How my Pride Led to Insecurity

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As a Corporate Communications undergraduate major, I gave a ton of speeches back in college and naturally grew tired of a once intimidating task. On one occasion I gave a better speech than usual and upon leaving class two classmates ran up to me and asked, “How were you so confident?” I don’t remember what I answered but the truth was that the secret to my perceived confidence was that I didn’t care about the opinions of anyone in that class I gave a speech to. In a college of 17,000 people, it was easy to be in a class with a bunch of people I never met before and I didn’t care for the opinions of people I didn’t know.

I began to adopt an odd pattern of feeling a sense of pride around people I grew comfortable around or who I felt better than or didn’t care for because I didn’t know them. That is until one day I realized how my pride was the seed from which fruits of my insecurity sprout. But luckily, in learning this lesson, I was also presented with the incredible hope that comes from understanding that humbleness can lead to a God centered sense of security in who God created us to be.

These realizations around my pride all started two weeks ago after  I taught my sunday school students a lesson on a pride- pretty logical progression, right? We explored how pride distorts things meant to be good.

Beauty can become vanity.

Instead of feeling joy in the accomplishments of others, we wonder why we didn’t get what they have.

When criticized, we are defensive, never assessing the validity of the others claim.

I taught that lesson and admitted to my students that I failed “The Pride Test”. I looked at myself with a sudden awareness of how Pride was ruining what was meant to be good in my life. I realized that Pride had led to my feelings of insecurity.

The lies of Pride become smaller next to God

I became prideful in small ways, in comfortable circumstances. My mom would always joke about my cavalier attitude around family members and my church family. I would take up as much space as I liked and probably said some things I shouldn’t have without thinking much about it. I felt confident of myself because I saw others as less. That person doesn’t have a job, at least I have one. I could only feel secure if I could imagine myself as better than someone else. I hate that I thought that. I hate that I’m writing this paragraph and that I’m admitting something so disgusting about myself. I feel ashamed to admit that I treated others so poorly and in turn hurt myself.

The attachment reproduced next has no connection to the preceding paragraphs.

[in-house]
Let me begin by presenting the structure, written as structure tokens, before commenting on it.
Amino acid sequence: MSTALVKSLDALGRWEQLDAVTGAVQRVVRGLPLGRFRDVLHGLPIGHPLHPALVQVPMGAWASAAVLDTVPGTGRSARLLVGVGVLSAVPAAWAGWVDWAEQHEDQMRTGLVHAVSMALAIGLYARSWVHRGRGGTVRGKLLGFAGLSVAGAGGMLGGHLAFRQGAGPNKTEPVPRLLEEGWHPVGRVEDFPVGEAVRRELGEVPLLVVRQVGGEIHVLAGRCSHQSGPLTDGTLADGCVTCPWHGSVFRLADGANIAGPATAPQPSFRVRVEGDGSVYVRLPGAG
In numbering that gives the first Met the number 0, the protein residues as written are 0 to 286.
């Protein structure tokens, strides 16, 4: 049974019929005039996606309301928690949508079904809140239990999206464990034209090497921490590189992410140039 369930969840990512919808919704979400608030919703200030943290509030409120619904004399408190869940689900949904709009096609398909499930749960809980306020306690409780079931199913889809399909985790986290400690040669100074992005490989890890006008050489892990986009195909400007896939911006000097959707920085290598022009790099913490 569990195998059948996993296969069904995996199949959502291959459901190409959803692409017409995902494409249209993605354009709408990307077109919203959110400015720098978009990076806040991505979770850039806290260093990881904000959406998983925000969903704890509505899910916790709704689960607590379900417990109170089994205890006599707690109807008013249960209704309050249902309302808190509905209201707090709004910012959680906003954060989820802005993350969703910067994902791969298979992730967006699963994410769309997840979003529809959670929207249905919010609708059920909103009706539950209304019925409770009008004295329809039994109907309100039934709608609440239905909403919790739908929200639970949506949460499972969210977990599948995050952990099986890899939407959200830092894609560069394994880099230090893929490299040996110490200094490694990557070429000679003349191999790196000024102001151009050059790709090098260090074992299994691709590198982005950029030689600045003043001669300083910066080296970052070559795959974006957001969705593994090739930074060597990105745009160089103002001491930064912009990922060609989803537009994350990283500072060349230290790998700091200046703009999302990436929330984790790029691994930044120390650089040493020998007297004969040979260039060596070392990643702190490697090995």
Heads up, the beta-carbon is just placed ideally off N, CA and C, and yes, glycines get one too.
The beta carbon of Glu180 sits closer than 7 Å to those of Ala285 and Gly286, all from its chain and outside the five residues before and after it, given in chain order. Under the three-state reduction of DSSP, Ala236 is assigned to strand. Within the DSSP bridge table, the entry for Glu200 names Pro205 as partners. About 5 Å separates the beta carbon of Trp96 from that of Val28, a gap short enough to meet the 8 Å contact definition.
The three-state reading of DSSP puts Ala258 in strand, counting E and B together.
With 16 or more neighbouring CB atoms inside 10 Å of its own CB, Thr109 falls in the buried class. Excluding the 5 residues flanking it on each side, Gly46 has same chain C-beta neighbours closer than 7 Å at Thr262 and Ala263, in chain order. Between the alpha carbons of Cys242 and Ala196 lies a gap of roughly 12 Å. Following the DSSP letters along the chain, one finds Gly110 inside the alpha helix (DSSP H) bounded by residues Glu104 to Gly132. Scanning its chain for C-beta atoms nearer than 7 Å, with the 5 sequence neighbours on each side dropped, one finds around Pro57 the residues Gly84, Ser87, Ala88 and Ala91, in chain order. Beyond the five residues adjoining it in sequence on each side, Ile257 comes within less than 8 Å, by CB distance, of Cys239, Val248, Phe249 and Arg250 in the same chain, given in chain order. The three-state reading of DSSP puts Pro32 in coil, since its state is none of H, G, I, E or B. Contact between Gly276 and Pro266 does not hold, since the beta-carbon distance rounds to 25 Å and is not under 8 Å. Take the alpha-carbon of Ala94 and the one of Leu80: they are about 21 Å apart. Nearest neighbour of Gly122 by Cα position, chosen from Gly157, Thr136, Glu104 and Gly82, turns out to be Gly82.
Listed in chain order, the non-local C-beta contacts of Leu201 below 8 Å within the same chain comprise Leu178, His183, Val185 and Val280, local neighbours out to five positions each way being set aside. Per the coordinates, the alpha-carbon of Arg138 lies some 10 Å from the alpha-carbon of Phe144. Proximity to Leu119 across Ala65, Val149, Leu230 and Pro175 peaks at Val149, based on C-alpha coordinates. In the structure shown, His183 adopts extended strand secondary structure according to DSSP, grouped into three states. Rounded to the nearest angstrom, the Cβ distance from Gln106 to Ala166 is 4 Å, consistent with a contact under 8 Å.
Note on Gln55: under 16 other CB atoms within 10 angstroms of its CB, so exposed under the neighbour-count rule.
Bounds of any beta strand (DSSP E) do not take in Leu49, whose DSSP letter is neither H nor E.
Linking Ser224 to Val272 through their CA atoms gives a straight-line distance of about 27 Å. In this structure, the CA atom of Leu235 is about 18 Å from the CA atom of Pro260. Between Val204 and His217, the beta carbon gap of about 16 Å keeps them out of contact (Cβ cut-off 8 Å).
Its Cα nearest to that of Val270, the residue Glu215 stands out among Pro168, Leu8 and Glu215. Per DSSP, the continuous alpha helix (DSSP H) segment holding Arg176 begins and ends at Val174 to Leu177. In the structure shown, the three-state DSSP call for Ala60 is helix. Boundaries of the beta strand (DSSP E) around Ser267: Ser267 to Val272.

How would God look at my heart? I think he must have felt so disappointed. This is the same God who came to earth and didn’t look for any of the things we look for in others. Does the bible talk about how he chose a disciple because of his PhD from an Ivy league? Did he befriend the stylish woman at the well? Sure the bible will give merit to beauty and wisdom, but those factors never stopped God from loving or helping someone. God chose the lowly and despised of the world to shame the wise.

One lesson I taught my students and continually remind myself to remember is that we can begin to feel humble when we remind ourselves of how great our God is. You’re proud of your beauty or intellect? Have you heard of the almighty God? He’s so majestic and beautiful that our eyes cannot even see him and live. When we change our perspective to see ourselves in light of who God is, how can we not be humbled?

How Pride breeds insecurity

In the same way that I would feel better than certain people, I felt worse than others. Pride lied to me and told me that because of my looks or education or my background, I was inherently worth less than someone else. Seeing the success of others made me fear failure.

Did I deserve to work at my job? Was I worthy to be that person’s friend? All of the things I built my worth on crumpled because my pride was built on such an insecure foundation.

 

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Without Pride, we see ourselves and others and God intended

God offers us a unique freedom and privilege to gracefully accept our limits as humans. We are beautiful but not the most beautiful. We are given wisdom, but only because God allows it. We may have accomplished a lot by worldly standards, but how small are our feats in light of eternity? How different would our lives be in a different place or circumstance?

Just as pride brings forth fruits of insecurity, I believe that humbleness can lead to fruits of security in who we are and who it is that God longs for us to be.

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The reason I waited so long to write this post.